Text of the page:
This was dramatized in a Coors TV commercial I wrote and created for Les Paul in 1997. A swaggering young guitar player noodles a blues riff when he is approached by an older man asking to see the guitar. With contempt, the guitar player asks: “You play?” “I’ve been known to,” is the old man’s sweet reply, and taking up the guitar, he proceeds to unleash a dazzling flurry of notes. The stunned young man nods in admiration and asks his name. “It’s on your guitar,” replies the older man, and the camera freezes on the Les Paul logo. Then the shock of recognition on the face of the guitar player.
Les thought this commercial resurrected his career, but that was totally untrue. He gave out guitar picks that said on one side: “What’s my name?” and on the other: “It’s on your guitar.” He said of it from the stage (because he was an old time comedian as much as he was a guitar wizard): “That commercial didn’t sell much beer, but it sure sold a hell of a lot of guitars.” This was much closer to the truth.
The arthritis that would eventually ravage the golden hands and allow him but a note or two at a time, was already at work during the shooting of the commercial, and in post production it was decided Les’s solo was not clean enough for air. We looped in a guitar player from LA who imitated Les’s style and synchronized with his fingers. It fell to me to tell Les, and though he had become almost like a father to me, I approached the call like a man going to his doom.
“Les, the director and everyone think the solo isn’t working,” I told him, shifting the blame a bit. “We had to loop in another player on your part.”
There was silence on the line. Then his voice, ever bawdy, came booming through: “You saved my f——g ass!”
Over the years, I’d show up backstage at the Iridium where he played every Monday until he was 94, like a prodigal son returning to a father he had neglected. “Where the hell you been?” was his continual bark, but I think he was just being flattering. I’d sit beside him in the trashy dressing room that opened onto the toilet and help him brush his hair, arrange his hearing aids, or tell him when the band was onstage and it was time to go on. I’d also sit beside him for endless hours as the sea of humanity came to pay homage. They were septugenarians reminiscing of the Les Paul and Mary Ford hits of the early fifties that dominated the Eisenhower airwaves until rock n roll killed that world of music loudly and permanently. They were guitar players from Japan and Borneo and Pittsburgh and Sweden, all genuflecting at the altar of the man who once long ago said: “You can’t hear the goddamn guitar in the band. Let’s electrify it.”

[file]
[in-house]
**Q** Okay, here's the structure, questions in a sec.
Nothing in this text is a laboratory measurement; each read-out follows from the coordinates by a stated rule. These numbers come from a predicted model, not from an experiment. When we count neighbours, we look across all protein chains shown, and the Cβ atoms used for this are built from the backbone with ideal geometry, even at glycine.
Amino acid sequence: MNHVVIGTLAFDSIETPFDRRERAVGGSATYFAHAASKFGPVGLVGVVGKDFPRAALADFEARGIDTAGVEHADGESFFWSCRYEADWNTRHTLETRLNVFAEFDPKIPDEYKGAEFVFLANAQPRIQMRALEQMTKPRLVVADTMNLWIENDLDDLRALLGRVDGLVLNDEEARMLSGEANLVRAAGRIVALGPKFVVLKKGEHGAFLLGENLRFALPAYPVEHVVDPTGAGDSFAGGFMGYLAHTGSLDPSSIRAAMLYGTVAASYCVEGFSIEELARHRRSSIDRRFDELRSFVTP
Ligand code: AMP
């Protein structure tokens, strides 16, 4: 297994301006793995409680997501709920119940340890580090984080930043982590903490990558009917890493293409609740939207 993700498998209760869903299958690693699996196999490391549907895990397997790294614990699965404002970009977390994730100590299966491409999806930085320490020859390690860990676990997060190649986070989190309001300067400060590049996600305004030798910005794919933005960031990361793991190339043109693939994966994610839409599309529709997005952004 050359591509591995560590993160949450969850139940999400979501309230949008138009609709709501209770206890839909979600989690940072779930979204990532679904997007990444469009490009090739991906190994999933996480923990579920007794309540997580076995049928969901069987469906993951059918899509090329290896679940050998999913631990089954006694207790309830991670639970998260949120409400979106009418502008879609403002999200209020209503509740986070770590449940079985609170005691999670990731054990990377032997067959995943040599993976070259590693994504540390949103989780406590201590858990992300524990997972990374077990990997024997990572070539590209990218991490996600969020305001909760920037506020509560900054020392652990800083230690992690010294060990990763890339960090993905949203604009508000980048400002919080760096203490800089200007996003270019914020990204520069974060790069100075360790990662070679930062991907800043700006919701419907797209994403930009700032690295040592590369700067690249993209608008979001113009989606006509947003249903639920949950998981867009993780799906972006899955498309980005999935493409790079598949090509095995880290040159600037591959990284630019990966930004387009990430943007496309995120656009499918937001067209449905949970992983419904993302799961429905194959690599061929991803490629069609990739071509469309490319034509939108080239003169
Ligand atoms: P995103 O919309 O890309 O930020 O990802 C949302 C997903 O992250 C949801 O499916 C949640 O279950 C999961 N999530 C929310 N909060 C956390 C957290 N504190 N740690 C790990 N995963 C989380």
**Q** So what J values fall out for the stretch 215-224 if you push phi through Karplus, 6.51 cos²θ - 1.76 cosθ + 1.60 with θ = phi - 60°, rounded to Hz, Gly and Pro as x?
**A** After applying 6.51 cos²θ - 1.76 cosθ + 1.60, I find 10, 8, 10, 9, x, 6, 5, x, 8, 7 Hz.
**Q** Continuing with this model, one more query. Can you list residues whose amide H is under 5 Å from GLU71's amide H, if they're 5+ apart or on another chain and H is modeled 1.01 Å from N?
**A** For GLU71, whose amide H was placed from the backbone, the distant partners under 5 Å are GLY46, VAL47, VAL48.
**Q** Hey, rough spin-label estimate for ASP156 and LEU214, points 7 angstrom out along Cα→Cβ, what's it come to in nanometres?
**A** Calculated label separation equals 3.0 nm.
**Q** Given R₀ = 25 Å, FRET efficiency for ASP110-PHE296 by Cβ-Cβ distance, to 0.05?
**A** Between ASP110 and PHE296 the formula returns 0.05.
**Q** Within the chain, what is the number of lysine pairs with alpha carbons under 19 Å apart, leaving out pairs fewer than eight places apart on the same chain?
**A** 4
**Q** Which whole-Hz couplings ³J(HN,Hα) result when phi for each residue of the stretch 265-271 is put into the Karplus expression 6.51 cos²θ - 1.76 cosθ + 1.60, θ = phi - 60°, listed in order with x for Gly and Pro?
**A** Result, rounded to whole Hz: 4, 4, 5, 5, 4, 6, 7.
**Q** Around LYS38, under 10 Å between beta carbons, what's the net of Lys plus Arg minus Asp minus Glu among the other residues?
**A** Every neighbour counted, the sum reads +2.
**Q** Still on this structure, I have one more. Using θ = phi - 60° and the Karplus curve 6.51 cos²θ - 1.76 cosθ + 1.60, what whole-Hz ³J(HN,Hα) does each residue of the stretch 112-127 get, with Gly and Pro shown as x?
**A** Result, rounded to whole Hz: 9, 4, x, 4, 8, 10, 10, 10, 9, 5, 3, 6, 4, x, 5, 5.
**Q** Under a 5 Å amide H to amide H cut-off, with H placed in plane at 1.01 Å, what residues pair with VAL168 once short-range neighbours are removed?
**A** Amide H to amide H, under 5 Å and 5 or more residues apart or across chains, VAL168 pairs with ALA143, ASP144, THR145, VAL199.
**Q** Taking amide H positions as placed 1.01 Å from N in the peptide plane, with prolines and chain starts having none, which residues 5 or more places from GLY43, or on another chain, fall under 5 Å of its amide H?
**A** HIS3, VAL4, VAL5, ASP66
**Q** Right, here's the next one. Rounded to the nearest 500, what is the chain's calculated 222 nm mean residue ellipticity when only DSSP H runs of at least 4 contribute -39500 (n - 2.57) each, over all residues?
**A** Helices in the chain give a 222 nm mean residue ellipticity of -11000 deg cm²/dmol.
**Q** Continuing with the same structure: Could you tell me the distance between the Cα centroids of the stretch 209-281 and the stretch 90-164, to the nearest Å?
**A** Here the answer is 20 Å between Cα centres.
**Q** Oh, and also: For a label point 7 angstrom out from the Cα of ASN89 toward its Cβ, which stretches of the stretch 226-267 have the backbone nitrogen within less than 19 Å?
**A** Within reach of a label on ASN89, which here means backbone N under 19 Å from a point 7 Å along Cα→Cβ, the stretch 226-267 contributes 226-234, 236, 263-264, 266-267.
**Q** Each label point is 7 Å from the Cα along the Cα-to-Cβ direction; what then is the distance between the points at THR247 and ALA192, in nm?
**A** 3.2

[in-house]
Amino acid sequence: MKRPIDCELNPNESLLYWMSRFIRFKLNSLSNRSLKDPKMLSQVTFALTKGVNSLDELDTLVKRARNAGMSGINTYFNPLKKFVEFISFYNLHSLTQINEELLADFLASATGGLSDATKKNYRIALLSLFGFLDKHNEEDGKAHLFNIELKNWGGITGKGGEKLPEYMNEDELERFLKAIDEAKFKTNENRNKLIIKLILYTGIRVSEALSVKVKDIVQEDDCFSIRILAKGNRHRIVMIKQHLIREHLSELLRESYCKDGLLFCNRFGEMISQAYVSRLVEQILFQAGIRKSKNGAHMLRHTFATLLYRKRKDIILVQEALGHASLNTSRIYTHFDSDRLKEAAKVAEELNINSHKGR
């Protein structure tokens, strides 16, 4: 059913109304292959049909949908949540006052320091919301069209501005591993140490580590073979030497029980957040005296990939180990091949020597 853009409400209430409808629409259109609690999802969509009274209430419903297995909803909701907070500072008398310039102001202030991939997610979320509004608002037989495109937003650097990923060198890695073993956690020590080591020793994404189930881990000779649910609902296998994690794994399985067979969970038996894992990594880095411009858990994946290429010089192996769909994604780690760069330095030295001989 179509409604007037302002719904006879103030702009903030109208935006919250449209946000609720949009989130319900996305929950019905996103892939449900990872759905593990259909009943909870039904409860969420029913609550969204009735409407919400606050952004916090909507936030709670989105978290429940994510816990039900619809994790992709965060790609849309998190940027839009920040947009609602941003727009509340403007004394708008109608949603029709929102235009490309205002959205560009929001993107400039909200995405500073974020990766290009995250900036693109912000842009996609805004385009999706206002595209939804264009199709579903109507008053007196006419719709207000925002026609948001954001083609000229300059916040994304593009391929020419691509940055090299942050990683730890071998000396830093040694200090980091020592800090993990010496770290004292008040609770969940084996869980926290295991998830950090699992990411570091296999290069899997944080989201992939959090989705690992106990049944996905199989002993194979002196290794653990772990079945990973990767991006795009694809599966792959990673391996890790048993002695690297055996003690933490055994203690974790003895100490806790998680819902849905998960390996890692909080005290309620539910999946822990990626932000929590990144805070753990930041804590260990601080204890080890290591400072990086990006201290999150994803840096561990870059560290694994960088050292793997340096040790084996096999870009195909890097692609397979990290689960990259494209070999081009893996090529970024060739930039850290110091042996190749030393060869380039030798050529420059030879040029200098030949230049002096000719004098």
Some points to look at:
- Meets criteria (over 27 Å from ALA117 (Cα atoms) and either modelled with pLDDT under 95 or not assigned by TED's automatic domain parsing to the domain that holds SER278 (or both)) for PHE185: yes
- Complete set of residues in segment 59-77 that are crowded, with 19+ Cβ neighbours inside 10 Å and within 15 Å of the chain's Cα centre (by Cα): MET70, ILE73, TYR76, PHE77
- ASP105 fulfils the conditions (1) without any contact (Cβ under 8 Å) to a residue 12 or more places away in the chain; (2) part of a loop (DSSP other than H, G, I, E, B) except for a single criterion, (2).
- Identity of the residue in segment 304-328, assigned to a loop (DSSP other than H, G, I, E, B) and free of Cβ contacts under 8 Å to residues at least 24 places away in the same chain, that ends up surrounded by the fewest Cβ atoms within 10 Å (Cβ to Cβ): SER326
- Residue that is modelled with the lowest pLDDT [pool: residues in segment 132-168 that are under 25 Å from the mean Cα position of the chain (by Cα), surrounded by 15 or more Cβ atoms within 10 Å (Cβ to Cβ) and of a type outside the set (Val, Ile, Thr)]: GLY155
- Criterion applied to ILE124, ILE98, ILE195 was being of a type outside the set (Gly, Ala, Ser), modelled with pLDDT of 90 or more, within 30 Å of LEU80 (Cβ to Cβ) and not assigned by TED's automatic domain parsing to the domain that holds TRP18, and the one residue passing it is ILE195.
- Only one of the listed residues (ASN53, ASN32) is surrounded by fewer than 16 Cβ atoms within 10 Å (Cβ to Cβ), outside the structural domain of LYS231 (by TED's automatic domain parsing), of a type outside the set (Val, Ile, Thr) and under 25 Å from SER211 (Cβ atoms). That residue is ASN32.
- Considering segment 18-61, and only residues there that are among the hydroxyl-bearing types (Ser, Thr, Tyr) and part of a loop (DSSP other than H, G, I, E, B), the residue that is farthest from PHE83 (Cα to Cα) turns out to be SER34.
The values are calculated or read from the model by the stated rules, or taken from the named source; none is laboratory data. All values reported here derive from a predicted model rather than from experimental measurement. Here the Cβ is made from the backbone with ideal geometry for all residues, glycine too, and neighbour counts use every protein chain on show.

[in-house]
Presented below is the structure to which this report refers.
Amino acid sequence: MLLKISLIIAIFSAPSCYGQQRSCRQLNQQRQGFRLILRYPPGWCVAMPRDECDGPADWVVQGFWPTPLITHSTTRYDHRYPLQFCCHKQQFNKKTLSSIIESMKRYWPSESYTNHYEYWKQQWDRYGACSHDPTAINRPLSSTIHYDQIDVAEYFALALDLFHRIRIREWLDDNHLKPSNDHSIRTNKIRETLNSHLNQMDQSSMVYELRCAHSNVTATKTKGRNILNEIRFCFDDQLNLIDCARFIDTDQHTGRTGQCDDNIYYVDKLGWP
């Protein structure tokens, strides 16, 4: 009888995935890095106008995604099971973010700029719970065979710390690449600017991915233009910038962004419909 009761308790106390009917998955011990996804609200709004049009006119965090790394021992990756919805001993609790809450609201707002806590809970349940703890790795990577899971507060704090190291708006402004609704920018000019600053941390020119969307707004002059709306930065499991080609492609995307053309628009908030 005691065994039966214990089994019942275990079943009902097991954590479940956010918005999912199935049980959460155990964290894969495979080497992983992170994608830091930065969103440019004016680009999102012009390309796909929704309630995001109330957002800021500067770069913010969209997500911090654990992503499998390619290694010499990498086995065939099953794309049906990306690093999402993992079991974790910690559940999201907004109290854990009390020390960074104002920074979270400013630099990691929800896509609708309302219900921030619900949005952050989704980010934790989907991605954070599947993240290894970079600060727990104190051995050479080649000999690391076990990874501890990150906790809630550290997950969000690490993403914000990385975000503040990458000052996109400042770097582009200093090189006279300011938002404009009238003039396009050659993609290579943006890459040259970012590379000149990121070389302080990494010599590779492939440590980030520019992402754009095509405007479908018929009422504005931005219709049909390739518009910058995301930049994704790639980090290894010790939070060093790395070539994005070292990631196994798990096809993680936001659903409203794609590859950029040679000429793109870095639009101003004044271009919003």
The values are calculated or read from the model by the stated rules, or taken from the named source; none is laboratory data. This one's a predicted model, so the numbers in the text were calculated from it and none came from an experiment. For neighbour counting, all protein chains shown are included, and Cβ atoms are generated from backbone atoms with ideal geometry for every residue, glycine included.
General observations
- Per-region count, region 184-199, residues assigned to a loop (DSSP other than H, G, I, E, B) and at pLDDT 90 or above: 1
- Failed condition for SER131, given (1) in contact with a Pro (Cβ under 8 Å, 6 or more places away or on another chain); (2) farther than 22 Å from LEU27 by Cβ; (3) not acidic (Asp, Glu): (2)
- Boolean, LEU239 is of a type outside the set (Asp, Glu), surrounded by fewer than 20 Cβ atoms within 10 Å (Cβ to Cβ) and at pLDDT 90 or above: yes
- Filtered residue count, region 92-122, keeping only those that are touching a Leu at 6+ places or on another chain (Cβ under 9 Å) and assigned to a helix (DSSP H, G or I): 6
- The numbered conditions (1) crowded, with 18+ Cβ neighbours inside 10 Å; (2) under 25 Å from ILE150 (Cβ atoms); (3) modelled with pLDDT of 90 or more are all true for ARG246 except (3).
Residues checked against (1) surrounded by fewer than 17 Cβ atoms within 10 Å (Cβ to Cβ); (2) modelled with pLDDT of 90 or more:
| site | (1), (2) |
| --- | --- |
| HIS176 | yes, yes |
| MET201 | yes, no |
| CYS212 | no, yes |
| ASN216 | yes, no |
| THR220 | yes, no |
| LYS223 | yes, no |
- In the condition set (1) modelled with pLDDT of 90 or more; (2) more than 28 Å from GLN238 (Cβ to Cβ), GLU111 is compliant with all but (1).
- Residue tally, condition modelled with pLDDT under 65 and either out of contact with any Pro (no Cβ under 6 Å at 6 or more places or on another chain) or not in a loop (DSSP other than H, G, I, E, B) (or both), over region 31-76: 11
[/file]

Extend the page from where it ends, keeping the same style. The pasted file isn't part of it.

Through all the years, I never saw Les fail to utter a kind word to any fan, or refuse any request for an autograph, not through all the arthritis and ailments and bypasses. In his words, he “made the show work” with humor, habit, and guests that were occasionally of star quality but more often reminders of the Amateur Hours of the forties and fifties. The show was the same set of jazz standards year after year, and the same jokes, over and over again. Flirting with the buxom but kittenish female bass player Nikki he would turn to the audience and say: “I feel like a condemned building with a new flagpole.”
I dreamed of writing a book with Les. It would be called “Guitar Players. By Les Paul,” which I told him would be a little like a book called “Life. By God.” Les Paul knew, inspired and was inspired by every guitar player from Eddie Lang to Charlie Christian to Django Reinhardt to Jimi Hendrix to Joe Pass to Wes Montgomery to Jeff Beck. I saw this book as inevitable, mandatory, Les’ profile of every player: anecdotally, biographically and musically. We got many hours on tape, but I could never get him to focus. There were always museums to set up and Hall of Fame nights to celebrate and medical procedures and periods of retreat at home in Mahwah between the Monday night shows. And, perhaps, my own insufficient resolve.
In the car returning from the TV shoot in Colorado one night, a night whose like I knew would never quite come again, he spoke in one unbroken stream about his experiences with President Roosevelt, Bing Crosby, Elvis Presley, Jimi Hendrix, Fred Waring, Paul McCartney, Count Basie, Judy Garland and Slash. He uttered a truly amazing statement about my lifelong idol Bob Dylan. “He can’t play the harmonica, but he’s a f—-g interesting guy.”
He had injured himself on the plane ride out to the shoot, and I went with him to a local hospital to get bandaged. He signed the paperwork with the name he never legally changed: Lester Polfuss, and to the nurse thought he was just an 81-year old man named Lester. And in a sense, that’s what he was.
“There are only two kinds of music,” he told me in the waiting room. “Good and bad.”